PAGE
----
I suppose if I had to write a paper on Crusie, it would be on the topic of women's tendency to seek comfort in familiarity. Time and time again I read women's comments that they read a certain author because "they know what to expect." It's the key to Nora Roberts' empire, I think.Now, maybe it's just because I've been properly humbled one or two times in my day, but I'm awfully wary of generalizations about "women's tendency" to do anything. Are women more likely to seek comfort in familiarity than men? Two days ago I was at a Cubs game with my son: we ate familiar ballpark food, wore familiar sports fan clothing, watched an utterly familiar, indeed utterly rule-bound activity for, what, 3 1/2 hours or so, and drove home listening to extra innings of yet another baseball game. Was there anything unpredictable in what transpired? Well, the Cubbies won, which is certainly an unfamiliar experience this season. But that's a little condiment of unfamiliarity spicing up an utterly comforting-because-familiar, even ritualized activity.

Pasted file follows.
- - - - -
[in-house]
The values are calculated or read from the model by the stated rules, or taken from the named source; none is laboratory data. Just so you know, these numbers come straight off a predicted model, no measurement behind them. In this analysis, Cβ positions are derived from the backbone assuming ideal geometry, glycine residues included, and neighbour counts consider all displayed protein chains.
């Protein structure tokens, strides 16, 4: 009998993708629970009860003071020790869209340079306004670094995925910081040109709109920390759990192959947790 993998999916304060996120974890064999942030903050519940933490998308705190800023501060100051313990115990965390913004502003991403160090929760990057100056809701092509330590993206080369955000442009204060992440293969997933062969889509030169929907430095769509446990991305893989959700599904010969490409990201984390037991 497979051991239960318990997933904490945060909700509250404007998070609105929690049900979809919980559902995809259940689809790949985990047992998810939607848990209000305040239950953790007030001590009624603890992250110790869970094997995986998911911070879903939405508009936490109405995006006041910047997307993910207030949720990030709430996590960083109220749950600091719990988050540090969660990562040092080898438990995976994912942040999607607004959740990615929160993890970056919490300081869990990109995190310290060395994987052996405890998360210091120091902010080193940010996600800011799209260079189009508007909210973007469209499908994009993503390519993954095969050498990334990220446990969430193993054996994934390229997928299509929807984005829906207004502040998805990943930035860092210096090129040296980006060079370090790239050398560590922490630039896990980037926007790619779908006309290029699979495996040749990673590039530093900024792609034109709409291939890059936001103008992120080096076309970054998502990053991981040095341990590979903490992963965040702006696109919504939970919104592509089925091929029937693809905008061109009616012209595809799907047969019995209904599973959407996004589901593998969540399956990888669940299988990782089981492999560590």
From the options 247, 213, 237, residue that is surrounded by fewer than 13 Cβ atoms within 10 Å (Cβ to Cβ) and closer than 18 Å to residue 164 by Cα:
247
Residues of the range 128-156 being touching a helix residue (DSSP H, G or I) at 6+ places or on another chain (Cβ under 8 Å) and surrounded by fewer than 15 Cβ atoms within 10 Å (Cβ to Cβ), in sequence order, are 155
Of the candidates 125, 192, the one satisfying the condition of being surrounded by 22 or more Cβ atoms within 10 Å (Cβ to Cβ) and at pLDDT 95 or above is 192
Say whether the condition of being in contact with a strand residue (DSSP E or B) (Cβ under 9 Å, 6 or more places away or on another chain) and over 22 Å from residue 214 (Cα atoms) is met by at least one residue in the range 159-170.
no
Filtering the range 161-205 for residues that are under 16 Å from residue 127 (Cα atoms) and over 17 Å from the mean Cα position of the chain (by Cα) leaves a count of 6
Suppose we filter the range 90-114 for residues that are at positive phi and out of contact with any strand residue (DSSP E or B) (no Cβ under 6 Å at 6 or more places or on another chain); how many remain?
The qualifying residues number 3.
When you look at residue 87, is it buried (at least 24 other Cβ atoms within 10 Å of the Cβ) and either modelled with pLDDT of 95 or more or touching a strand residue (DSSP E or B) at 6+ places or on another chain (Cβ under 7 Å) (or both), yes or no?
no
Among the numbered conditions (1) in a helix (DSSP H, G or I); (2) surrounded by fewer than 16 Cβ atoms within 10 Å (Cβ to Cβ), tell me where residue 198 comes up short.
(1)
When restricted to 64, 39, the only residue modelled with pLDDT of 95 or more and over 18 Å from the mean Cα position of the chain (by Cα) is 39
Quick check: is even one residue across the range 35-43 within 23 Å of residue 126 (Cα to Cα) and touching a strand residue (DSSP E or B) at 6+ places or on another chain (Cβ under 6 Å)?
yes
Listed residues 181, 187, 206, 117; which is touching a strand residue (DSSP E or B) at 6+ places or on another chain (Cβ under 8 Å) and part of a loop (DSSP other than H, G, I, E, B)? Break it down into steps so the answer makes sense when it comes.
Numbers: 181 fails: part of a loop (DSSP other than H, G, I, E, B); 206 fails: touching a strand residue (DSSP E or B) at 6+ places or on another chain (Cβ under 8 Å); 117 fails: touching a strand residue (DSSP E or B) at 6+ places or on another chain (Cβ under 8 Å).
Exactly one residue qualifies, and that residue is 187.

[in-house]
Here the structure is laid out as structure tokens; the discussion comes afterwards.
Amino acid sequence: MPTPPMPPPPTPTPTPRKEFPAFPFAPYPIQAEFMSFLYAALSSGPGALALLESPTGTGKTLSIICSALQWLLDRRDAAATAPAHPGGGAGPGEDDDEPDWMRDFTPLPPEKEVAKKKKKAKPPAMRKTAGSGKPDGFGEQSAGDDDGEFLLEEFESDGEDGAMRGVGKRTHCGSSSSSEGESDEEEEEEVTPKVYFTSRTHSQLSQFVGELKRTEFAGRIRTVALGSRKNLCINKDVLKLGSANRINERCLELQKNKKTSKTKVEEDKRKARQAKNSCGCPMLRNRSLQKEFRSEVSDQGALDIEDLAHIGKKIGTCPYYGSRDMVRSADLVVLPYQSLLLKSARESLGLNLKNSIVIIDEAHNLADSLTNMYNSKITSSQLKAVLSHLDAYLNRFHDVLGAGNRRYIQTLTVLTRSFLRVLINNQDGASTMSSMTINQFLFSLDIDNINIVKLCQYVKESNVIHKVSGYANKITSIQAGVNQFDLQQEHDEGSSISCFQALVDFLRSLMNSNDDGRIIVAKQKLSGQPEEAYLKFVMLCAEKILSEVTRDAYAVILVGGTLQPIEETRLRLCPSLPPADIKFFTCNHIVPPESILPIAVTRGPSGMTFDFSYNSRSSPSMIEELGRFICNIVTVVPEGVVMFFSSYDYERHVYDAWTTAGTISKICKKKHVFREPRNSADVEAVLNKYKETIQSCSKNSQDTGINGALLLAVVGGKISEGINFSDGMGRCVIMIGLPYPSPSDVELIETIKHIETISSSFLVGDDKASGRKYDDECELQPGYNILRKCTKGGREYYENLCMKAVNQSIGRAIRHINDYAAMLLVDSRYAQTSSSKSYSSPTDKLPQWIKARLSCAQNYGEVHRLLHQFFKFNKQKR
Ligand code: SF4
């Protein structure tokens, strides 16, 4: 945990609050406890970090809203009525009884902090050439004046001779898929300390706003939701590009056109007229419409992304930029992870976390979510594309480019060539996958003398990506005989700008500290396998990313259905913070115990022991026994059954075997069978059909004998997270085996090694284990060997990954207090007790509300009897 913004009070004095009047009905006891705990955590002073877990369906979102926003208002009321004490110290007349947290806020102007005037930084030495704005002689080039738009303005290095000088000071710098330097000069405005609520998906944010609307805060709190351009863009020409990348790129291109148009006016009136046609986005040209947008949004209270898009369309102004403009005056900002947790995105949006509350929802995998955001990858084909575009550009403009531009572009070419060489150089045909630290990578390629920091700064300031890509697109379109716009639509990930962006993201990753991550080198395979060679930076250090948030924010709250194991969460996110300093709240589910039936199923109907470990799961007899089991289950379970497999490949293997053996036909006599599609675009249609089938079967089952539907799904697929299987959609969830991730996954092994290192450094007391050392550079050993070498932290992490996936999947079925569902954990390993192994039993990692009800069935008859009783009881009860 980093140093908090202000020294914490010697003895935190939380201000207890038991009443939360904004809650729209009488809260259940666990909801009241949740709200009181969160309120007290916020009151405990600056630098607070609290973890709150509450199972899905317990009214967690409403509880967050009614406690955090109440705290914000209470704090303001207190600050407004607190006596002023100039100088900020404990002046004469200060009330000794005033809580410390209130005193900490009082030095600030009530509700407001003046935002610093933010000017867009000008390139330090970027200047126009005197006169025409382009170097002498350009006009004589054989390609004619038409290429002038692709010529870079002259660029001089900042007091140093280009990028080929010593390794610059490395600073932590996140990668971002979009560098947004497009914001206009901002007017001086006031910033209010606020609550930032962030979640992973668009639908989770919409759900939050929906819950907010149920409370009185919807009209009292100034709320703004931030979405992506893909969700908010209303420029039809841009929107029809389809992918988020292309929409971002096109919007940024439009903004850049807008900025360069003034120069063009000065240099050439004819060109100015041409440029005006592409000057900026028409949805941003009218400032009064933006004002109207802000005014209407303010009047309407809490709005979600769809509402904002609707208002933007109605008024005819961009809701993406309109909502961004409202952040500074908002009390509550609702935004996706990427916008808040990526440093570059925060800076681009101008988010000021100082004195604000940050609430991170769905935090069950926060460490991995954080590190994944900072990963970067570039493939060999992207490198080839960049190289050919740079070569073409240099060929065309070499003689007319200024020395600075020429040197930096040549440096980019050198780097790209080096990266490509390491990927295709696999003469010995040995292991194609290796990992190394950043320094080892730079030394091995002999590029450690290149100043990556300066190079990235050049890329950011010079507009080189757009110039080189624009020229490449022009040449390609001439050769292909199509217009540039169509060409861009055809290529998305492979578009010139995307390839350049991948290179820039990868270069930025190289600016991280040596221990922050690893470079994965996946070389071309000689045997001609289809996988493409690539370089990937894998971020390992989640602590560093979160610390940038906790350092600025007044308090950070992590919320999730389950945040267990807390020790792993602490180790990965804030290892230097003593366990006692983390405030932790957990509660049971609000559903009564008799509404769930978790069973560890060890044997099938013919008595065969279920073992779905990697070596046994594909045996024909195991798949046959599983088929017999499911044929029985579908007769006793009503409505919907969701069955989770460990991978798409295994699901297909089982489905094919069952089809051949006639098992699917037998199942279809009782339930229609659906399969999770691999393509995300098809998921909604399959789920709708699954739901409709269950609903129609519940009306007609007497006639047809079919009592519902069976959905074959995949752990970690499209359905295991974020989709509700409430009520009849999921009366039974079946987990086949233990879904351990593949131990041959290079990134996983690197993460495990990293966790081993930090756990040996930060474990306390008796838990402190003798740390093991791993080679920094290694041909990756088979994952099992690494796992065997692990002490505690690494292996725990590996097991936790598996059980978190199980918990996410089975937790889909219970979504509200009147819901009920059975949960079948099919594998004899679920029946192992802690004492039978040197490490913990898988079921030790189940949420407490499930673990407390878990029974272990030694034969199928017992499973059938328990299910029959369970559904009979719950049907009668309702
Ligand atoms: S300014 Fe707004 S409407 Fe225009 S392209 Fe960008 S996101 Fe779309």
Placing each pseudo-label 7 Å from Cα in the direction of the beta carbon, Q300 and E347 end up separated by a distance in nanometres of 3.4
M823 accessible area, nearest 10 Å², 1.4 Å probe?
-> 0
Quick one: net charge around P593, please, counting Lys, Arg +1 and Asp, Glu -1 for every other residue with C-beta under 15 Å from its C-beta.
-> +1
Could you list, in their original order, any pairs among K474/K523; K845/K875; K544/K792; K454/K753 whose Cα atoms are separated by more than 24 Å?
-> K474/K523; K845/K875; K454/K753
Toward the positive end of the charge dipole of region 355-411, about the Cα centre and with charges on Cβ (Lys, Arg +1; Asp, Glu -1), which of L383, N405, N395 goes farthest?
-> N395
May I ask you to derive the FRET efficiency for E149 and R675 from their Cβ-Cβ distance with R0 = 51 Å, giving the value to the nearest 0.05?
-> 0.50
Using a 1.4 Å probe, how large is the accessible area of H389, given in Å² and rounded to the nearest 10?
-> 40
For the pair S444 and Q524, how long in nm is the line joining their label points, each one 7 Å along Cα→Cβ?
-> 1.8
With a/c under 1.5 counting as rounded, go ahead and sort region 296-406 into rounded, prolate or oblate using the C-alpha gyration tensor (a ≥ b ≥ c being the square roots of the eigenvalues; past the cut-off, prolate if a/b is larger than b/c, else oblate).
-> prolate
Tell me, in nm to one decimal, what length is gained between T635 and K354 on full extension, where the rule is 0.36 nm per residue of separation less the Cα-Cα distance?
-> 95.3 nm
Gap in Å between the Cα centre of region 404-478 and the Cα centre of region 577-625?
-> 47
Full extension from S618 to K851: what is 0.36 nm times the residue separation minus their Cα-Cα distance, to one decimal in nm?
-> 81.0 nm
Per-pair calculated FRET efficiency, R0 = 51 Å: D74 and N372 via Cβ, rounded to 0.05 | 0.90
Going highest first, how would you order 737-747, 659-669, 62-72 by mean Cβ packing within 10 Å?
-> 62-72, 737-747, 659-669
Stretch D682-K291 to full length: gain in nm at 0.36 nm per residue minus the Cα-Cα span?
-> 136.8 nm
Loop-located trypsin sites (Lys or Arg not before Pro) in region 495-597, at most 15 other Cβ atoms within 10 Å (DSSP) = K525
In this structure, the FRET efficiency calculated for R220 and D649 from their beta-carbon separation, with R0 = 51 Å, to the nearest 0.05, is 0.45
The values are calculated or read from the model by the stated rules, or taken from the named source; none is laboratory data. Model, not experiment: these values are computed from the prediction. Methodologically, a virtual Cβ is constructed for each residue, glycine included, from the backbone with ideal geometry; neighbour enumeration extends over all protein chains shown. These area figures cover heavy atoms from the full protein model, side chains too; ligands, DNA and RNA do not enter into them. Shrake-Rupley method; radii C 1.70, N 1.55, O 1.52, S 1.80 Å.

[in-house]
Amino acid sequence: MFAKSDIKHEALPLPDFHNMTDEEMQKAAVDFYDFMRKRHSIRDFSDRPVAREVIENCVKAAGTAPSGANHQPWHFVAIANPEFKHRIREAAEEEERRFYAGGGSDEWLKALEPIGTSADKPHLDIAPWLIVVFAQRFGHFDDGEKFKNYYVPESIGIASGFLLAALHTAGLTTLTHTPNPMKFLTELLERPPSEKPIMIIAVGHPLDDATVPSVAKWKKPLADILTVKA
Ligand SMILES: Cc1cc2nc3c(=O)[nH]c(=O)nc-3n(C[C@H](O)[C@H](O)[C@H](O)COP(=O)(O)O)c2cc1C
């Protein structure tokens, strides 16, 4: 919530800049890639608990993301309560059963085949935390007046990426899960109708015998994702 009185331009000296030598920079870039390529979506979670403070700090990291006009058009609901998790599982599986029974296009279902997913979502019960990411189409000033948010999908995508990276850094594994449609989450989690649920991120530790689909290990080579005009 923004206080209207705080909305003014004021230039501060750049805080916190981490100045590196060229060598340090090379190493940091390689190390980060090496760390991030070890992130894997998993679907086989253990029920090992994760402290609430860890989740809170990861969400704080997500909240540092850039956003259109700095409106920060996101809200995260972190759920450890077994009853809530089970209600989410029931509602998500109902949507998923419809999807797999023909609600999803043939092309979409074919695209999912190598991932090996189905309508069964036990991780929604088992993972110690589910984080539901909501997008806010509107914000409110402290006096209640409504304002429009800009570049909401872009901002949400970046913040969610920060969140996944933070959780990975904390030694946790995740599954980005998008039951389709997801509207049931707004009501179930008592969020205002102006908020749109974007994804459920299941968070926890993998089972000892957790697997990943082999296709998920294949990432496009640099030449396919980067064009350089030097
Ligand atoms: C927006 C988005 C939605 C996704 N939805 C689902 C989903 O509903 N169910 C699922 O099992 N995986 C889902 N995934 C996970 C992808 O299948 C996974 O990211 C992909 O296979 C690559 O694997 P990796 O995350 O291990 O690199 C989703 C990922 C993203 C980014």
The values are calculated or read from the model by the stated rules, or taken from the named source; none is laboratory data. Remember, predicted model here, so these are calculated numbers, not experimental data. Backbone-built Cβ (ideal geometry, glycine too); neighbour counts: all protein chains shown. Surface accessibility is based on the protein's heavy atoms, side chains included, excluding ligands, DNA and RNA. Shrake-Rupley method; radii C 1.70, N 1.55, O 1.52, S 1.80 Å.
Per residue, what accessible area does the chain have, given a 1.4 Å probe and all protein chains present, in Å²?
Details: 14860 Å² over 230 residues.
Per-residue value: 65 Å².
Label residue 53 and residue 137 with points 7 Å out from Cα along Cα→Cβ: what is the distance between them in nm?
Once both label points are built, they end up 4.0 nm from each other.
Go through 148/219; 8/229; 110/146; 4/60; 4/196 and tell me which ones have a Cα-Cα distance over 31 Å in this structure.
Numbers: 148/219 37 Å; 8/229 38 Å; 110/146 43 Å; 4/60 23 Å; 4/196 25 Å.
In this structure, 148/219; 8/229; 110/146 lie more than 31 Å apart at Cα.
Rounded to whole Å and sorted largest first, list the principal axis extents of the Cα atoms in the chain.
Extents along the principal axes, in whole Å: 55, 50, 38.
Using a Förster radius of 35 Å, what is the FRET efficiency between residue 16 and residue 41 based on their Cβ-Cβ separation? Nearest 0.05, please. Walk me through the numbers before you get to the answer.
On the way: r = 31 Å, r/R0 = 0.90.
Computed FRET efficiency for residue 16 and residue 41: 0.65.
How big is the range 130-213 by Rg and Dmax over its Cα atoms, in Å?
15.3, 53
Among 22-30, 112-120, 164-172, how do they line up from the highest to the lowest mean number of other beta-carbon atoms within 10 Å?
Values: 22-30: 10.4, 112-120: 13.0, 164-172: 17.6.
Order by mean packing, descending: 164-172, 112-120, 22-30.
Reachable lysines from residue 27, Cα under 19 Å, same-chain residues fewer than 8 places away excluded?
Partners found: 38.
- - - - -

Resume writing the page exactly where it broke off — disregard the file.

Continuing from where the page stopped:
Suppose, then, we change J's comment to read: "If I had to write a paper on Crusie, I'd write it on the topic of the human tendency to seek comfort in familiarity." Fair enough, say I--but to get anything more than a C on that paper, you'd have to address not only the familiar elements in Crusie's books (say, the motifs she comes back to over and over again, like the animal friends and pop culture references), but also the way these novels address familiarity thematically, and also how Crusie attacks the aesthetic problem of over-familiarity, too. What does she do to vary her material, if only just enough to avoid boredom? In which novels is she more successful at this, and in which is she less effective as an artist? Does she ever address the question of familiarity directly in narrative or dialogue, or otherwise show some literary self-consciousness about the issue? (She was, after all, an academic before she became a novelist, and her dissertation was on narrative structures in men's and women's fiction. Surely she's as aware of this issue as any of us are.)